The fact that understanding code is a distinct skill makes sense but it’s interesting that there is evidence of that in brain activity.
Google is at it again trying to usurp the web for its purposes.
Using Chrome is like being in an abusive relationship and seeking help from the same person who is abusing you.
With the US presidency shit show behind us and their return to appropriate climate policies, I’ve been reflecting how little action (none?) there is from the Canadian government. It’s very much clear that there is no plan. And let’s be clear, the bare minimum of a carbon tax is not a plan. We’re not working to reinvent our economy, we’re just riding the oil train as far as it will take us without proactive emergency action.
When I bought our last TV a couple years ago, I was amazed how dumb TVs have for all practical purposes vanished from the market. One way was to pay well over $1,000. The other was to get a commercial monitor. But then those things are not necessarily designed for quality home viewing so the screen specs and viewing angles are not as good. It’s sad that Grandma Sally and Uncle John have no idea what’s going on when they buy a “smart” TV.
I don’t connect my LG TV to the Internet either. And apparently Roku is the same disaster. How is regulation not happening on this? How can governments be so asleep at the wheel? It’s not like this started recently. We’ve known for years that “smart” in “smart TV” really means it’s watching you.
I saw that Dash 6 is out and for about 12 seconds I hoped that they ditched the browser-like search bar, but no such luck. The Dash 4 and prior UI allowed for 1-click navigation between search results and that tended to accommodate my documentation searches better. Too bad, I used to be a big fan of this tool. I’m starting to wonder if I should write my own. What do you use?
Qatar has the very sad distinction to be the first country each year to overshoot their share of Earth resources.
It’s been years and I still don’t understand why macOS updates mess with Apache config and you have to manually put it back the way it was. Never mind that we can talk to our devices and send spacecrafts into space.
Mark Carney’s piece is right on for me but this particular bit has been on my mind:
[T]o put the market into service of humanity and once again have society’s values drive value.
Has society ever had a say in what has value? I’m not a historian but it seems to me that value is historically defined by those in power. Today that includes businesses. I think we are at a unique time where more of us want the people to decide what has value. Far from a done deal though. Those in power won’t give that up easily.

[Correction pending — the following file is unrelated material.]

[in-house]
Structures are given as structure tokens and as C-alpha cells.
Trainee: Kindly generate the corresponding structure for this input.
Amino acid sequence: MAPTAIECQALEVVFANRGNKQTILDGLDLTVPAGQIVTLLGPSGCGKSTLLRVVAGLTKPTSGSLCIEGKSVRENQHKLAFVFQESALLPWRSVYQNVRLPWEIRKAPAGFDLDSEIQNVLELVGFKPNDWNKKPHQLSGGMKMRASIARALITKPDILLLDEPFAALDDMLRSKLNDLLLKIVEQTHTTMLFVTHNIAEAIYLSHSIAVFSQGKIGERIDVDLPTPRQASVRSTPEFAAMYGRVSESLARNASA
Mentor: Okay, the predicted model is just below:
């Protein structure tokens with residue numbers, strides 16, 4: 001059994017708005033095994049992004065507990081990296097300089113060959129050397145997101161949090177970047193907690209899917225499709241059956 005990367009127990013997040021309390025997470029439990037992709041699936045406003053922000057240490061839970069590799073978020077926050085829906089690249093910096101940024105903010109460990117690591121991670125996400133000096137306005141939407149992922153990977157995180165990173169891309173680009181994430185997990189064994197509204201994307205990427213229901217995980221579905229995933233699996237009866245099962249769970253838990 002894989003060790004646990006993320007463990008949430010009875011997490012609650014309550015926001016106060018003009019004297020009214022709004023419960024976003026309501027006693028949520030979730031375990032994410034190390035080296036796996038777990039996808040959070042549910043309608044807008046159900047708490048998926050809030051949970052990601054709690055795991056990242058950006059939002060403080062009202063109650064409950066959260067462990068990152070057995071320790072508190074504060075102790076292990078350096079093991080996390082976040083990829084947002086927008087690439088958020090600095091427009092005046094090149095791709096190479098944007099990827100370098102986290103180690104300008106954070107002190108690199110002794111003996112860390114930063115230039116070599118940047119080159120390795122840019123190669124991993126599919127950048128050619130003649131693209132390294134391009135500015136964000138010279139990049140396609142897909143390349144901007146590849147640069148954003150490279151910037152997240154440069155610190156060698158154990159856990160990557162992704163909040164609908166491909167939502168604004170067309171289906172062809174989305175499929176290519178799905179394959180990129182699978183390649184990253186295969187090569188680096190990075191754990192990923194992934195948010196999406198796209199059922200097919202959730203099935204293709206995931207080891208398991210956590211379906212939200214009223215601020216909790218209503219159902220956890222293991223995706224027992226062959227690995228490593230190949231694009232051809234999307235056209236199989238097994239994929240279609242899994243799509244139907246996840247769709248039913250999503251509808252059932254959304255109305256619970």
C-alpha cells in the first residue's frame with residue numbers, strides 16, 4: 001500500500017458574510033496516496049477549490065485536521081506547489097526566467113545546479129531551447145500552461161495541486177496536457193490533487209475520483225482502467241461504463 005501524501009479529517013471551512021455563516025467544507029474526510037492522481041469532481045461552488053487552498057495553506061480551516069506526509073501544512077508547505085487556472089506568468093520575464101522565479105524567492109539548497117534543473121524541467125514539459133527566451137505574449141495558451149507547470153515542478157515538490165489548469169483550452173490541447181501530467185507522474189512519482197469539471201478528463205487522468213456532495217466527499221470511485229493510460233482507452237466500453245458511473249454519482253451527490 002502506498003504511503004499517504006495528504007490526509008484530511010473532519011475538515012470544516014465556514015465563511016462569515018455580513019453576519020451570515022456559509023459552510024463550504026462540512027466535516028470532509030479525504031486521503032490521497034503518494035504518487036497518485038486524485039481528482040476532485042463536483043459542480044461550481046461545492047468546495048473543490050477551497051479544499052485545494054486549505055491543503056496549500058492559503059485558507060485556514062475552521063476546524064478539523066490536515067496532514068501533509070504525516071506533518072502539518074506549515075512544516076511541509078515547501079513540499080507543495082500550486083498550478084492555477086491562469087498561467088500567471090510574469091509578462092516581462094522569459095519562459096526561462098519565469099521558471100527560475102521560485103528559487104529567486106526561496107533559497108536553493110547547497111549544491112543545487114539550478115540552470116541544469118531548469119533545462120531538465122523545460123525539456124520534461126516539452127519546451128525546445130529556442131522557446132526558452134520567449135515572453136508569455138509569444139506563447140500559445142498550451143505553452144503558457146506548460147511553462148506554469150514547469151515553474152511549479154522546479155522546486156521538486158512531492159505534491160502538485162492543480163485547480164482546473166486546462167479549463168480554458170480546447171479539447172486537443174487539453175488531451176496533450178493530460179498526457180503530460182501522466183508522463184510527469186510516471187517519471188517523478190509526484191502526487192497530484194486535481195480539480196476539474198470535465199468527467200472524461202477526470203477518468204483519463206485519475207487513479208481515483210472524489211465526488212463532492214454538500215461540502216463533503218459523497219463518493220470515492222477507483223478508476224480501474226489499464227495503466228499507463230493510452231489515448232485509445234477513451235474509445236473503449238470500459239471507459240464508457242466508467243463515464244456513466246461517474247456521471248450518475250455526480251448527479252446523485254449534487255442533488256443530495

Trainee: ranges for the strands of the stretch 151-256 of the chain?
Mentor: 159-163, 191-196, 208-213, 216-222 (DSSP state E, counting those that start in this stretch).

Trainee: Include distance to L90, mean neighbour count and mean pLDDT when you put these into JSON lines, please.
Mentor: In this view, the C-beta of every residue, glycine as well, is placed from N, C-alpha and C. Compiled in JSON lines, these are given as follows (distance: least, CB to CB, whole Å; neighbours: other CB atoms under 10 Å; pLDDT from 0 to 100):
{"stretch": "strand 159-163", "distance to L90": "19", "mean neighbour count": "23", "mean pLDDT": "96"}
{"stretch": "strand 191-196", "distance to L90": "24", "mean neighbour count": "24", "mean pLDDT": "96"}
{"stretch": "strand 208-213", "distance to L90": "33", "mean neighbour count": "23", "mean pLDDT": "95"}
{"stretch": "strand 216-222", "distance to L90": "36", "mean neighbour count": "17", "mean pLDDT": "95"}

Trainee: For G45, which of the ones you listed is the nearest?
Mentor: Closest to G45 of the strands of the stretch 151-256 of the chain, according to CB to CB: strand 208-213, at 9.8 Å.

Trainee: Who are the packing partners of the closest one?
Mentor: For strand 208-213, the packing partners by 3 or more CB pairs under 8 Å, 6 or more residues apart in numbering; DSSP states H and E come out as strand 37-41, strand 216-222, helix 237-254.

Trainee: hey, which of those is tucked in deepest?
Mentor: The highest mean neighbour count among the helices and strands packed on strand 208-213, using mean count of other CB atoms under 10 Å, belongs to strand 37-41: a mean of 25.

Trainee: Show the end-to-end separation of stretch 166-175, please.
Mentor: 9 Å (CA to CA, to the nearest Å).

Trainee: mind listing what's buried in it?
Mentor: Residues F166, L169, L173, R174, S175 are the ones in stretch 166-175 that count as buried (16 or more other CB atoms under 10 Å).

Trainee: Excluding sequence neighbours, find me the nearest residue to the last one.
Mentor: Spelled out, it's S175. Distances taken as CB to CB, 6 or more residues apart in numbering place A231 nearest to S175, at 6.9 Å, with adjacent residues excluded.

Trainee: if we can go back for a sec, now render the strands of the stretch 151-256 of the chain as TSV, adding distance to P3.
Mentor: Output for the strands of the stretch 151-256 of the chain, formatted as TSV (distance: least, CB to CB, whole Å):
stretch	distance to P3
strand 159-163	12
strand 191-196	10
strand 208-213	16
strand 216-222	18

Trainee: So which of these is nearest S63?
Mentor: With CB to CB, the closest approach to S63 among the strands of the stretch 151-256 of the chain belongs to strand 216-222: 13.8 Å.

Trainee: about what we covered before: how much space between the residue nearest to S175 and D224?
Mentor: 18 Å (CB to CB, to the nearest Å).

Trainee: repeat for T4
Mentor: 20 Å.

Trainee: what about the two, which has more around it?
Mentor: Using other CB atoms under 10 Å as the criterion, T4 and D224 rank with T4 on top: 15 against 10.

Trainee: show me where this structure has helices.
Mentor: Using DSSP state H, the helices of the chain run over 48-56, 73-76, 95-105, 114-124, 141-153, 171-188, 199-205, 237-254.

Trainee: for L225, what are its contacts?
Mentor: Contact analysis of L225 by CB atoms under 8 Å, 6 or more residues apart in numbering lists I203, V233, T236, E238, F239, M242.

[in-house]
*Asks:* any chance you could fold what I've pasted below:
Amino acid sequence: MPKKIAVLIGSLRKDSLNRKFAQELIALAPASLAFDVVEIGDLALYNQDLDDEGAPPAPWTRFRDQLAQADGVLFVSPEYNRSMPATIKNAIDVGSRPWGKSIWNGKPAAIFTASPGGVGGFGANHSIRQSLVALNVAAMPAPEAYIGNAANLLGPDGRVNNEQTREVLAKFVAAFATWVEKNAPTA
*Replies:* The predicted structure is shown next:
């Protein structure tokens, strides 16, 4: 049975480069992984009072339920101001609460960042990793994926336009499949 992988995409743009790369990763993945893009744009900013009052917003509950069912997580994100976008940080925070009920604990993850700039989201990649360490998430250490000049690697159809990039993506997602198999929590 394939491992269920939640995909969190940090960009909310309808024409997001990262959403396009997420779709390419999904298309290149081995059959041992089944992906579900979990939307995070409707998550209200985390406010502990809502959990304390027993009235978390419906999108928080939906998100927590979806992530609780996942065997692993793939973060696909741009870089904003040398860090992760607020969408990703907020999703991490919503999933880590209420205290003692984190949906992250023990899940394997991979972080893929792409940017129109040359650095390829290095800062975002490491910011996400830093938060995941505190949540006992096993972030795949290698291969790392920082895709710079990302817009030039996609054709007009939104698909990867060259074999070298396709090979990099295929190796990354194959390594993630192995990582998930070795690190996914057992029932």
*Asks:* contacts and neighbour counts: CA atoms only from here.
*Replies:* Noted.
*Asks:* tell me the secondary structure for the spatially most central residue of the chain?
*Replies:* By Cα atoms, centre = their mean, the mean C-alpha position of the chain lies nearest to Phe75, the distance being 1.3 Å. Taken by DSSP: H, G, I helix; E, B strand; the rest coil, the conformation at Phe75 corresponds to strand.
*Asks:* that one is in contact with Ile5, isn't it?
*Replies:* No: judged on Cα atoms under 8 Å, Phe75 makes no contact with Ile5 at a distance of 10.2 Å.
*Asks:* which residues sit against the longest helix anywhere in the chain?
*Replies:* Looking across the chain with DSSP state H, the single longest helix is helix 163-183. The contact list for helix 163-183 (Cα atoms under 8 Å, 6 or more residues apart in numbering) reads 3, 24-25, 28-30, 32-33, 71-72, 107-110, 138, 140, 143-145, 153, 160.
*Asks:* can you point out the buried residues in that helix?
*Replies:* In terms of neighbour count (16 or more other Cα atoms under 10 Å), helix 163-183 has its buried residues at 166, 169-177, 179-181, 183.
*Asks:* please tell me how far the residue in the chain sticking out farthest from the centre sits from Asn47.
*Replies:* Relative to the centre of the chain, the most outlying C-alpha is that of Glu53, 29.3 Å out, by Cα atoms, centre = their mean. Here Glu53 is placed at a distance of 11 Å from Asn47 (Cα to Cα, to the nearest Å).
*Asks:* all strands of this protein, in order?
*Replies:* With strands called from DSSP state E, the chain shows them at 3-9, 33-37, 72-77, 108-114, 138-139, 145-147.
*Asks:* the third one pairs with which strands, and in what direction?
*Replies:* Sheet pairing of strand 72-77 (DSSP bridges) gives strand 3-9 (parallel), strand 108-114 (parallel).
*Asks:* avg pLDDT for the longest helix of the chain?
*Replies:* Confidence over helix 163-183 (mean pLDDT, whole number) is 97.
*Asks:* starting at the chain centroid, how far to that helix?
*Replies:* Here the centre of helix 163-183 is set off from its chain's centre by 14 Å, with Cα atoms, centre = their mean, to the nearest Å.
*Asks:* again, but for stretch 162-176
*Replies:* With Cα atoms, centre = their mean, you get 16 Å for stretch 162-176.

I was just reading Gruber’s Apple report card. His D grade for the Apple TV is about right. It really feels like they don’t have a team assigned to this product. I don’t get it. They introduced this OS years ago with game support and it seemed like it was the beginning of finally putting their weight behind this thing. But no, they just let it languish there and the UX is still frustrating.
Mark Carney, commenting on countries needing to step up:
[A]sk not what the climate is doing to your country, but what your country can do for the climate.
The whole range anxiety thing pertaining to electric cars is weird. How is that different from a long trip with a gas car wondering if you’re going to make it to the next gas station?
I heard from a recruiter today for a job “with 100 fortune of Canada”. Also no punctuation. And yes, I am a language snob. But if your job requires communication skills, why does this happen all the time?
English is my second language too so I feel entitled to complain about it. Words matter.
This enumeration is spot on and I worry about their erosion in the last few years, not just in the US:
What is at stake in America today is […] also about the authority of facts and evidence and history and science, that no one has the right to override those things for personal gain.
From an opinion piece by Rebecca Solnit in The Guardian today.
If it wasn’t already obvious, it is now painfully clear that the United States have lost the moral high ground when lecturing other countries about democracy.